Tuesday, August 21, 2007

Ride to Nowhere

I love my mountain bike. Really.

When I bought my latest bike, I used to go into the garage by myself and just stare at it. Probably 3 or 4 times a day. I spend more time riding it and working on it than I do with most of my friends (what does that say about me?). In other words, it would take a lot for me part with it. But after the ride I took over the 4th of July holiday this year in Utah, I was ready to melt it down. Well, at least for a day I felt that way.

A little background - A few years ago, I rode 3 or 4 miles of the Ridge Trail above American Fork Canyon, and it was some great singletrack. It was smooth, well maintained, and wound in and out of the aspen and pine forests behind Mount Timpanogos, with one of the more beautiful views around. We were staying at my wife's family cabin up above Oakley, UT (somewhat near Park City), and I wanted to get a good long ride in during the trip. So I concocted the idea of riding down the canyon, through Kamas and Heber, and then up a Snake Creek Road (mostly dirt) to the trailhead on Pole Line Pass (Big Mistake #1). I'd then hit an 11 mile stretch of the Ridge Trail 157 (also part of the Great Western Trail), some of which included the few miles I'd ridden before. I assumed the entire 11 mile section would be as sweet as that portion (Big Mistake #2). I also decided to leave at around 10:30 am, so I'd be riding the most exposed section, with the most climbing, right in the middle of the day, when temperatures would be reaching over 100 degrees (Big Mistake #3).

It was a pleasant, almost easy cruise for the until mile 31. Up to that point, it was largely downhill and flat (one 2-3 mile climb in the middle) and entirely on pavement. It was hot, but I'd been drinking and eating, and felt great. At mile 32 or so, I turned on to Snake Creek Road, and began Big Mistake #1. Snake Creek Road starts at an elevation of around 5800 feet, and after climbing about a mile, it turns from pavement to dirt. Pole Line Pass, which is where I'd be picking up the Ridge Trail, is at an elevation of about 8800 feet. So, I'd be climbing about 3000 feet over about 12 miles. I figured I could do it in around 2 hours, then I'd have a nice spin on the buff singletrack of Ridge Trail 157 for another 11 miles, after which I'd pick up the Alpine Loop Road (where Ridge Trail ends) and cruise down past Sundance, down Provo Canyon to Provo, where my family would meet me later that day.

Turns out, it took me about 3 1/2 hours to ride to Pole Line Pass. The climb was somewhat gradual, but never ending. By the time I got to the Ridge Trail, I'd consumed about 4 or 5 Powergels and was drinking at ton, because it was so dang hot...hmmm, maybe a clue that I picked the wrong time of year to do this? Anyway, I digress... Just as I caught sight of the trailhead, I went to take a sip from my Camelbak, and it was bone dry. I had left the cabin with a 20oz bottle of Accelerade and 100 oz of water in my Camelbak. I had finished the water bottle sometime after the turnoff, which meant that I was without liquid for the remaining 25 miles.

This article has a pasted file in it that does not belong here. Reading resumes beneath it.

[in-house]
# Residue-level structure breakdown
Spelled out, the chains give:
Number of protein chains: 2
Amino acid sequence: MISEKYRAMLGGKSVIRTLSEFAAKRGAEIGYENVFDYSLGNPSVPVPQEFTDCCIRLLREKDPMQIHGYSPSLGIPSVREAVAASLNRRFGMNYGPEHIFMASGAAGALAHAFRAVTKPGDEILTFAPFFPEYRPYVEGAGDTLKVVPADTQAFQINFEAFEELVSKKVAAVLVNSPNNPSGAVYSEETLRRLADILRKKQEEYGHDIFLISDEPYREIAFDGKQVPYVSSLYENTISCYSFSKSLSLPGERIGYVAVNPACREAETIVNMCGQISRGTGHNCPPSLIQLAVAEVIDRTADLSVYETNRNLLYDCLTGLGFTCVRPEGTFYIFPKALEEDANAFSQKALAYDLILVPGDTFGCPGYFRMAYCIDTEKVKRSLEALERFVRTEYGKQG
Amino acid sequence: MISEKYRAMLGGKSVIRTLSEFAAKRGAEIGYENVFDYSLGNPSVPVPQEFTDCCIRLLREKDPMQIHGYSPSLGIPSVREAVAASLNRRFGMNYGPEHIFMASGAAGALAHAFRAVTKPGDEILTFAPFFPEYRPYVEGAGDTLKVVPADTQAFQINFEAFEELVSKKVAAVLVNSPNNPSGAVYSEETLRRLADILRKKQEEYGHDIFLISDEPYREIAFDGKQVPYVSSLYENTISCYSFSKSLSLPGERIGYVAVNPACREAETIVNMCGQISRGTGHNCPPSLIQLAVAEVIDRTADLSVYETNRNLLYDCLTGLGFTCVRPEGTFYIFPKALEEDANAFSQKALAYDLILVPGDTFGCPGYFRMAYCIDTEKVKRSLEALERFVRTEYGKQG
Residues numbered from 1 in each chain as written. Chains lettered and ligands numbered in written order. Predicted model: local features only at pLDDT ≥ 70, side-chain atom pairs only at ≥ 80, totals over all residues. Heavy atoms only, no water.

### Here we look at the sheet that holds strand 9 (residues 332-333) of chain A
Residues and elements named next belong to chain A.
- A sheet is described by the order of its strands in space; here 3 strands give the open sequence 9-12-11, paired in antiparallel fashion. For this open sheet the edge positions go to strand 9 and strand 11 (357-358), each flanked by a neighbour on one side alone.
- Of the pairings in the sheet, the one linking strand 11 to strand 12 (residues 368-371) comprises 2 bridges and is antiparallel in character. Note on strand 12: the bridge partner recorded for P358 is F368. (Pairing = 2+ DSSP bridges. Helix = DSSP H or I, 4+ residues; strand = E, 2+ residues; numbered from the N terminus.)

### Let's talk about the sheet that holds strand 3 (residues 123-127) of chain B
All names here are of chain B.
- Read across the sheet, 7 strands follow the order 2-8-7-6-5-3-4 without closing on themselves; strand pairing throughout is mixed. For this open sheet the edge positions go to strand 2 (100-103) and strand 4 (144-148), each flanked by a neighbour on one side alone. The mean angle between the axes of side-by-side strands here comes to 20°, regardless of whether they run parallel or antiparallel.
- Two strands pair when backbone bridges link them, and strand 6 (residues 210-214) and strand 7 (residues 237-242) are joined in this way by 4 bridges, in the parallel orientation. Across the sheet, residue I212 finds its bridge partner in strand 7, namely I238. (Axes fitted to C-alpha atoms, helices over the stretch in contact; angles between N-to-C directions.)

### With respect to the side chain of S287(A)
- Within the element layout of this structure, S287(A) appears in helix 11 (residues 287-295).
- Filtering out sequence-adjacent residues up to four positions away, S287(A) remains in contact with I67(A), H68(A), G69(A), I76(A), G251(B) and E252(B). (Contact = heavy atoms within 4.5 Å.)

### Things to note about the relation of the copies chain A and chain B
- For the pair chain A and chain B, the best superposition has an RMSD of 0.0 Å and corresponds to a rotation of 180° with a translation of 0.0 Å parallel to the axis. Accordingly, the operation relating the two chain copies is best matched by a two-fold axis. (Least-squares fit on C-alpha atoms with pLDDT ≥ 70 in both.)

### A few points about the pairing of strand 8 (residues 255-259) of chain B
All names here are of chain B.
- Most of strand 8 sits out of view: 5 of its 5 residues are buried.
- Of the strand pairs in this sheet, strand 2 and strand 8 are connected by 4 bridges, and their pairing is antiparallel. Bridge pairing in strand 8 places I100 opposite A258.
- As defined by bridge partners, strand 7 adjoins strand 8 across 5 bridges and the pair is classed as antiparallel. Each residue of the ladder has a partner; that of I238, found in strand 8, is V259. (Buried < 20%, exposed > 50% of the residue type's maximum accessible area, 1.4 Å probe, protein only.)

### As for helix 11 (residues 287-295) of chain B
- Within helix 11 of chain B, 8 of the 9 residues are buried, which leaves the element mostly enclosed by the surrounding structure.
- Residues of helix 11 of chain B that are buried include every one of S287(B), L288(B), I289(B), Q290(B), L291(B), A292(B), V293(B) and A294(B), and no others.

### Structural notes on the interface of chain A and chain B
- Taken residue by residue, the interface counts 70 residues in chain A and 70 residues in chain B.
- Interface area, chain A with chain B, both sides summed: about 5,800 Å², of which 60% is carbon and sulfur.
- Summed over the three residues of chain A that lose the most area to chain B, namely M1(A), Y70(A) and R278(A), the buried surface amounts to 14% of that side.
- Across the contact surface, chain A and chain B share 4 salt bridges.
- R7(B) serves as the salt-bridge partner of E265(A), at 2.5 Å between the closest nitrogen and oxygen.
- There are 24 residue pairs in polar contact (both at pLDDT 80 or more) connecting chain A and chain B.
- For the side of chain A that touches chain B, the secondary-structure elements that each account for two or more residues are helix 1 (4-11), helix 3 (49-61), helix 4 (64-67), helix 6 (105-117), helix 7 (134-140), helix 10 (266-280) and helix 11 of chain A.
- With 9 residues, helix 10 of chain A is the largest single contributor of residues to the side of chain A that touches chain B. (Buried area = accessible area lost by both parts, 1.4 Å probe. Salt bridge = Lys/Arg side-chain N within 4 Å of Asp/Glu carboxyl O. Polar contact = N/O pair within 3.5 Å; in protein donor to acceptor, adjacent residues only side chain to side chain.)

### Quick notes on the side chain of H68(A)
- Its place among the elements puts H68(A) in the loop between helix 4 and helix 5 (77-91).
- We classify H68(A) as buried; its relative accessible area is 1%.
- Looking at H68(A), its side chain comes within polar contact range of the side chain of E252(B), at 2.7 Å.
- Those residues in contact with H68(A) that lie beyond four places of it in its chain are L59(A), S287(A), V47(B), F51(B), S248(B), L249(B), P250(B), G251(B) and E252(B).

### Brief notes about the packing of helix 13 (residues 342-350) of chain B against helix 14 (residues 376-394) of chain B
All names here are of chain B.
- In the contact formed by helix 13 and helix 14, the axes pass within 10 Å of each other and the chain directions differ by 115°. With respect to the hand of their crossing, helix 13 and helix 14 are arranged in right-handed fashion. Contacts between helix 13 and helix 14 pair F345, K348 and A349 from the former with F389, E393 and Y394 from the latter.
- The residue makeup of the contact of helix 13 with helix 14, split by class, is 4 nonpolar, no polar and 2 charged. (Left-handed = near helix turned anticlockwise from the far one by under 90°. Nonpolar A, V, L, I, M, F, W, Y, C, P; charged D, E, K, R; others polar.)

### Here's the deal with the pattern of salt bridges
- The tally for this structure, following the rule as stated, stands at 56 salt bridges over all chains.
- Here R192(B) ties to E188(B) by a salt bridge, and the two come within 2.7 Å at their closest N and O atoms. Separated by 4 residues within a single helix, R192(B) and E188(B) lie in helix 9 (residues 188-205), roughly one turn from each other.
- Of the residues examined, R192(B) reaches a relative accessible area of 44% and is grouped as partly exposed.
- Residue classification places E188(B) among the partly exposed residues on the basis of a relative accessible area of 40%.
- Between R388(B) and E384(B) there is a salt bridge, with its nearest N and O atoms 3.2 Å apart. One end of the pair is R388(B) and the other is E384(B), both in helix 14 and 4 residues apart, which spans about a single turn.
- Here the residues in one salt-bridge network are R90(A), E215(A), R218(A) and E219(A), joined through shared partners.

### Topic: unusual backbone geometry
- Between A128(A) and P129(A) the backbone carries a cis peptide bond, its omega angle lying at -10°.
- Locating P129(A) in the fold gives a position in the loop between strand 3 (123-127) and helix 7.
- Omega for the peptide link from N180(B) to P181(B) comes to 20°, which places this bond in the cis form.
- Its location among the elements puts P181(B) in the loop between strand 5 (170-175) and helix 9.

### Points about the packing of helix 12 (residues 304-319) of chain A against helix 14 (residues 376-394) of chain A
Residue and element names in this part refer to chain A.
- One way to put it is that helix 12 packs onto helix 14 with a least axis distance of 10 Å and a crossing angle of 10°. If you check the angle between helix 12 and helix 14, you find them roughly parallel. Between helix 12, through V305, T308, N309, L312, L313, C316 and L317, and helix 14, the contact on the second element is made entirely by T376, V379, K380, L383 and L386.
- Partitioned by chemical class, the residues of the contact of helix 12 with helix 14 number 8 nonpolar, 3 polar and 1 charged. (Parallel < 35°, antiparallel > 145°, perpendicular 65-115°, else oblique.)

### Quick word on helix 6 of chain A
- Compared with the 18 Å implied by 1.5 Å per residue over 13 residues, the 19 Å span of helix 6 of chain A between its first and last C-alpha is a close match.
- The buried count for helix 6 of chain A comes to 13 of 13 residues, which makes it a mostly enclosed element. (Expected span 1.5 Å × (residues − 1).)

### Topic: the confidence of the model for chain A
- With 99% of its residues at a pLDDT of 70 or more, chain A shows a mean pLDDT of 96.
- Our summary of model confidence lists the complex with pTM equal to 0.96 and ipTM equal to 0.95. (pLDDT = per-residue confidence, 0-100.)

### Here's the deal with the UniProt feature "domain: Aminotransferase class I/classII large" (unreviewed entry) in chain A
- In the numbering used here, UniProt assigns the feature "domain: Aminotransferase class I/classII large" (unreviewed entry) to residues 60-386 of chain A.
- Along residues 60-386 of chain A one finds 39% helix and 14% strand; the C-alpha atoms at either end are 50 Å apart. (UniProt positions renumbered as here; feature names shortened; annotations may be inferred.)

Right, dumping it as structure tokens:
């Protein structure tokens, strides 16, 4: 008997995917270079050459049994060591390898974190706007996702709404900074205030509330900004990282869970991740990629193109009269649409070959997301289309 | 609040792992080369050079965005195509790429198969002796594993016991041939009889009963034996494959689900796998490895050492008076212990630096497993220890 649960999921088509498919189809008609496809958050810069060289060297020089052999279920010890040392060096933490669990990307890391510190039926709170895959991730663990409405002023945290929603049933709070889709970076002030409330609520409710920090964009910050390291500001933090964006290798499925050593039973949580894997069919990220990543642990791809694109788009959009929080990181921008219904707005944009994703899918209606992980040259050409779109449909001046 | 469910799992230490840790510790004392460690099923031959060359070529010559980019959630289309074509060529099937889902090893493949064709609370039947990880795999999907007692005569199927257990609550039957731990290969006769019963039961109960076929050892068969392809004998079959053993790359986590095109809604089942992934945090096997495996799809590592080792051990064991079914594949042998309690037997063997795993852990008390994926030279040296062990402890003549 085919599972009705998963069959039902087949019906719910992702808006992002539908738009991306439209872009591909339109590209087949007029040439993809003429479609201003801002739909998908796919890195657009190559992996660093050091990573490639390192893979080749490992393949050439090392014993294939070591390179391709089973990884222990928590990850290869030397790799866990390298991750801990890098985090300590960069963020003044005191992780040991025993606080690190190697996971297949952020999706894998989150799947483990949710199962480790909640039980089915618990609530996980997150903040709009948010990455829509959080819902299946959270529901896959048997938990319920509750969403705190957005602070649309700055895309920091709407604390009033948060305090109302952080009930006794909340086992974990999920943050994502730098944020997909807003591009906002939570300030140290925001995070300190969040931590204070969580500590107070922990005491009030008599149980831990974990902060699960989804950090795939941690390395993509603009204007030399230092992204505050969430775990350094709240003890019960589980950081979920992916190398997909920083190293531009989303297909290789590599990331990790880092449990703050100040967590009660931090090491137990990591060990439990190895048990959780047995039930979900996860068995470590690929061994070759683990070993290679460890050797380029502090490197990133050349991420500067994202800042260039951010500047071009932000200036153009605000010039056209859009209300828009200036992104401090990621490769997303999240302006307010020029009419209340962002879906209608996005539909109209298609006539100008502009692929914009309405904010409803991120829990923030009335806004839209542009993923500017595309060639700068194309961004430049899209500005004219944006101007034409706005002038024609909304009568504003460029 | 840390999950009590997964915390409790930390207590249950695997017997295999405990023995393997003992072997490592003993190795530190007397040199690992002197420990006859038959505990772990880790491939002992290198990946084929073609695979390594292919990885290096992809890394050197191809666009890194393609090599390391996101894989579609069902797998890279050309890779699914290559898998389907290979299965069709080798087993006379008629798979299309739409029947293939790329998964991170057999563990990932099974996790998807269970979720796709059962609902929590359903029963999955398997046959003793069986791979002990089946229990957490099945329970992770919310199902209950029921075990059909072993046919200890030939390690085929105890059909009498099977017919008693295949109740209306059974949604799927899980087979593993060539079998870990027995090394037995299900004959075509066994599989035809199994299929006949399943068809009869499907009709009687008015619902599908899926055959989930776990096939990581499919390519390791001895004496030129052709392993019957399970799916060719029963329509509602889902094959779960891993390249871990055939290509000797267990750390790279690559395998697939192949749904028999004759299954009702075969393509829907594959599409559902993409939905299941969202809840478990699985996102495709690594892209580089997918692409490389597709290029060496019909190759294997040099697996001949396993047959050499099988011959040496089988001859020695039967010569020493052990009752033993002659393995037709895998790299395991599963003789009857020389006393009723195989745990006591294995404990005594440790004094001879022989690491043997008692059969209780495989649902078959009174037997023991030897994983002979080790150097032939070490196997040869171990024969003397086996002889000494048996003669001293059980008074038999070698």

I was tired, but my legs still felt pretty strong, and I still had plenty of food. I figured I'd finished the worst of it, so without stopping, I just turned onto the trail, which was headed downhill at that point. It was pretty sandy and soft (the trail is also used by motorcycles on this section and was pretty churned up), but I figured it would get better. Beginning of Big Mistake #2. The trail surface was 4-5 inches of soft dirt for probably the first mile. It was downhill at that point, so it wasn't fun, but it was manageable, and la, la, la, it's all downhill from here, right??.

Wrong. As I rode on, the trail was a mix of singletrack and deep, soft dirt. I had counted on moving pretty fast, and there was more climbing than I expected. The reality of the situation was that I was more tired that I wanted to admit (I had no power for those short uphill bursts), and I was beginning to feel the effects of dehydration. I was getting a bit short of breath, my heart was racing, and I was starting to bonk.

Outside of two guys on motorcycles, I was completely isolated. It was pretty slow going, given the trail conditions. I finally crested the high point of the trail at around 6:30pm (just over 9600 feet, at about mile 46 or 47). This spot incidentally, had an awesome view of the back of Mount Timpanogos, but I was too grateful to be headed downhill that I didn't even pause to enjoy the vista. I headed downhill (finally). There was a spring a few miles down, which was just a trickle, and I was able to get 1/4 water bottle (damn the giardia, I was thirsty!). I felt a bit better after drinking, but after another 1/2 mile or so, I hit a section of the trail that was 6-8 inches of sand/soft dirt, intermixed with babyhead sized rocks. I'm a pretty confident decscender, but there were sections of that portion of the trail that I just couldn't ride.

At around mile 50, after a mile or two of that fun stuff, I reached another trailhead, and I decided to bail off of the Ridge Trail a few miles early in favor of a dirt road that headed down toward the vallley. I ended up having my wife come and pick me up just off of the Alpine Loop Trail. I didn't have anything left even for the cruise downhill to Sundance.

Total trip: 53 miles, 4661 feet of climbing, 122 oz. of liquid, 7 or 8 Powergels, and 100+ degree heat.

Lesson learned. Check the weather, take a riding buddy, and carry more water.

See the route below (view in Satellite mode to get a bird's eye view of my route).

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